How can we have a neoliberal paradise if all these people refuse to shut up and get in line?

      1. David

        I don’t think there’s a single country in the world where it’s considered acceptable for junior officers (or even senior ones) to publicly criticise their leadership. Nor should there be.

        1. Andrew Watts

          It wasn’t his first video criticizing military leadership that got him into trouble. It was the second one after he was ordered to stop posting on social media. In that video he made some vague threats directed at his superior officers.

          “At several points in the video, Scheller also intimates that he has plans for senior officers in the military, using threatening language.

          “When I am done with what I’m about to do, you all are going to need the jobs and the security,” Scheller said in his second video.” –

        2. Tom Bradford

          Principle IV of the ” Nuremberg Principles” promulgated in 1950 declares:

          “The fact that a person acted pursuant to order of his Government or of a superior does not relieve him from responsibility under international law, provided a moral choice was in fact possible to him.”

          This is often redefined to state that one has a duty not to obey an order that would amount to a contravention of international law. If General Milley genuinely believed an order given him by his superior was not justified under International Law he was duty-bound not to obey it. Similarly although I haven’t read the article referred to above, its headline – prisoner of conscience – suggests that the officer concerned ‘fell foul’ of Article IV in the dilemma it sets up.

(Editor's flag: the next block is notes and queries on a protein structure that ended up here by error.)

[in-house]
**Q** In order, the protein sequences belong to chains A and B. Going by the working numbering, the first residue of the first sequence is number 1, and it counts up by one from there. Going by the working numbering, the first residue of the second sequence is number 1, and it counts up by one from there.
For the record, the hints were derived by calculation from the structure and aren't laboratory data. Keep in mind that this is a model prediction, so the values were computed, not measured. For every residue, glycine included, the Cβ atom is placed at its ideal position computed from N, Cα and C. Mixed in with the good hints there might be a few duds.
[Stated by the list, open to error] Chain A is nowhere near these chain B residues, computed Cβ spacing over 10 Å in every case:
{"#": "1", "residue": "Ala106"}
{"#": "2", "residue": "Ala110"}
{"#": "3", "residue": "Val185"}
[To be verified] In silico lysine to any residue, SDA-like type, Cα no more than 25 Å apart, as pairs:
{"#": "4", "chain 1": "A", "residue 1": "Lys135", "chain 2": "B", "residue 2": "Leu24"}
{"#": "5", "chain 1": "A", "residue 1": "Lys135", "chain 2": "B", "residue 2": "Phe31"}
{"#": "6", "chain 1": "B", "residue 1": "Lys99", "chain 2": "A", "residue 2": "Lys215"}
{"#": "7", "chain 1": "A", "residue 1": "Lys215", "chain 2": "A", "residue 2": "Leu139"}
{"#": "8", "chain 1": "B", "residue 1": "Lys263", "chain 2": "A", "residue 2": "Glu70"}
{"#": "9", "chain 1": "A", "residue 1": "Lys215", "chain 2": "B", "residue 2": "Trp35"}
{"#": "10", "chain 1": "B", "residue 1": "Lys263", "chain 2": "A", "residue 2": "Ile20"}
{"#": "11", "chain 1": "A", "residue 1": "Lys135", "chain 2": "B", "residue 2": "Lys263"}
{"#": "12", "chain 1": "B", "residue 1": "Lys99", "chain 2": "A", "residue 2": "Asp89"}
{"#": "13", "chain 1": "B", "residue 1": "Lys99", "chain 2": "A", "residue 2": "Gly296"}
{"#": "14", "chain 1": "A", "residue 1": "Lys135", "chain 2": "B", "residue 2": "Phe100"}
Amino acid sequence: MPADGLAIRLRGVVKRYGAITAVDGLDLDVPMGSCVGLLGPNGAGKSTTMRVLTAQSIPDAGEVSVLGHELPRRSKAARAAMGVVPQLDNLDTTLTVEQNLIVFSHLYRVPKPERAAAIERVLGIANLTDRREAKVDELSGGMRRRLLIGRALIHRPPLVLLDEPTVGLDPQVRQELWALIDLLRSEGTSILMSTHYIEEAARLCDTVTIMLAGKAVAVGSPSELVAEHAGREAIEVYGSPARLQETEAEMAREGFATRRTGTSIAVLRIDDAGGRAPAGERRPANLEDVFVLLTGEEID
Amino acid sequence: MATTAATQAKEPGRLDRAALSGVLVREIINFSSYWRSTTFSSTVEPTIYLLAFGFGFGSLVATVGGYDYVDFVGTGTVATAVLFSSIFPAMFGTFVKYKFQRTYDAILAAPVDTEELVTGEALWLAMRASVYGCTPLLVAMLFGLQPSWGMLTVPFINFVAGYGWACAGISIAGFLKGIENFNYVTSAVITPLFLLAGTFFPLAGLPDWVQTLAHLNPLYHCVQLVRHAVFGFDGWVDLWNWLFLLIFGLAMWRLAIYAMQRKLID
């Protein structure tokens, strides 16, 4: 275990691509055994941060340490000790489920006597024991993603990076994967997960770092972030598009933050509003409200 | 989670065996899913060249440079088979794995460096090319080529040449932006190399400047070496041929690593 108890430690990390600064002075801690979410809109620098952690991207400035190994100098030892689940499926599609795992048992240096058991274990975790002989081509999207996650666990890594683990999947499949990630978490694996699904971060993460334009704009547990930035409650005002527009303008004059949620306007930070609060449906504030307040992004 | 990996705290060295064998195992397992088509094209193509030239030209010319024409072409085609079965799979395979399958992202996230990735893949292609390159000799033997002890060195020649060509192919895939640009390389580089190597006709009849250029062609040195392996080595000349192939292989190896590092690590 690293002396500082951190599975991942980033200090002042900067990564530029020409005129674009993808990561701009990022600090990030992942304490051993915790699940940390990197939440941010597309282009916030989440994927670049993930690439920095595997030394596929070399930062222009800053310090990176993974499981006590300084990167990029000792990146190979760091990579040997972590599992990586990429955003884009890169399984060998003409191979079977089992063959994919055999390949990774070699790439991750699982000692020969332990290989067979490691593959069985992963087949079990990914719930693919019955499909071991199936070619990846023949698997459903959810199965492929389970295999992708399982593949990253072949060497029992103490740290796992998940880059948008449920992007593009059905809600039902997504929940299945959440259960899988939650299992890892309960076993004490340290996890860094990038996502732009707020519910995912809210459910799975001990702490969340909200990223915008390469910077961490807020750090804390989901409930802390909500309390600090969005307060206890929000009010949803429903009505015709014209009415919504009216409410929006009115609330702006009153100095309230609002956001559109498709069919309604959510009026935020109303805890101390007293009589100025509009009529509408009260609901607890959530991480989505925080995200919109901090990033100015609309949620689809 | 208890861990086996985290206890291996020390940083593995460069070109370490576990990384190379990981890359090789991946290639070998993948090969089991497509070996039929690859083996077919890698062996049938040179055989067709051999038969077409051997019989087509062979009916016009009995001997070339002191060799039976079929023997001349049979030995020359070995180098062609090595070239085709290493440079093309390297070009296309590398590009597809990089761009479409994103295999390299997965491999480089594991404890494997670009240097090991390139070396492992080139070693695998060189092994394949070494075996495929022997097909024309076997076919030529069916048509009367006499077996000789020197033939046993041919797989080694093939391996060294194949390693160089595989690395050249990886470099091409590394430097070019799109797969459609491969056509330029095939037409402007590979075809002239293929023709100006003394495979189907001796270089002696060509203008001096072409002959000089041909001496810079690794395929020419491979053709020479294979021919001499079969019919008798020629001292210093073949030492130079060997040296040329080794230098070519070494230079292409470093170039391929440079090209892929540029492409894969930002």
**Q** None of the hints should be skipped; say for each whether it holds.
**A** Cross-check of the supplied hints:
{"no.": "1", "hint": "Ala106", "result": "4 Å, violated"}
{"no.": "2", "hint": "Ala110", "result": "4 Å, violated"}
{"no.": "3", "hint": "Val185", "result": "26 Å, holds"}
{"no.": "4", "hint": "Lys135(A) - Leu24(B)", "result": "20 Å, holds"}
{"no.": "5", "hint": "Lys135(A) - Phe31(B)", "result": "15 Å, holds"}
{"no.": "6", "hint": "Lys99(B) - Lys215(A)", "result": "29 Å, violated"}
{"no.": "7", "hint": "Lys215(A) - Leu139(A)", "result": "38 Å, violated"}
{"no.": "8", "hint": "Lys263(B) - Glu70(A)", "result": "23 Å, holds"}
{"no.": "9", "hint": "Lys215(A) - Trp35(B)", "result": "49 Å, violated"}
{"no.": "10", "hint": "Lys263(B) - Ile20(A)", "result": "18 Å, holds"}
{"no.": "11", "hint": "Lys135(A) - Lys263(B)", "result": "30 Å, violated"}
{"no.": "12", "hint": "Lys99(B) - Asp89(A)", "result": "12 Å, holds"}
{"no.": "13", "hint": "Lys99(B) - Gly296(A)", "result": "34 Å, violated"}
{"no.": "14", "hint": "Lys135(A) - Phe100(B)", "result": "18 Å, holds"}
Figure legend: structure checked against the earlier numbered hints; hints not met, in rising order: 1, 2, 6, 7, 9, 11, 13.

The ‘Nuremberg Convention’, of course, was designed for a different world in which conventional, uniformed armies faced each other in the open. It was also retrospectively created to remove the ‘only obeying orders’ defence of those involved in the ‘Final Solution’ in that the latter had no military or ‘national defence’ rationale whatever unlike (arguably) the fire-bombing of cities discussed here yesterday. Moreover the question of whose morals are we talking about is highly relevant yet goes undefined – it becomes inevitably those of the victors, of course.

          The impossibility of reconciling Article IV with ‘warfare’ today is obvious. Do you target a missile at a car that might contain a civilian family rather than a bomb? What lever of certainty that it’s the latter rather than the former is morally permissible before pressing the trigger? If you believe your superiors have broken international law do you have a moral duty not to obey an order to keep schtum about it? How can anybody know who hasn’t faced the reality?

      2. Isaac

        The Uniform Code of Military Justice is much more severe and restrictive than civilian law, as all officers know when they sign up to be bound by it.

    2. Katniss Everdeen

      His lawyer appeared on Tucker Carlson’s show last night and said that Scheller is sitting in jail, under a gag order, and with no formal charges against him.

      Maybe they can get Sweden to charge him with rape so they can keep him behind bars and quiet. For years. To protect our sacred democracy.

      1. Lemmy Caution

        Sorry, not cynical enough. The plan is to infect him with Covid and publicize his protracted decline and eventual death. They’ll stop short of hanging his body from a crane in the public square, but the message will be made nonetheless.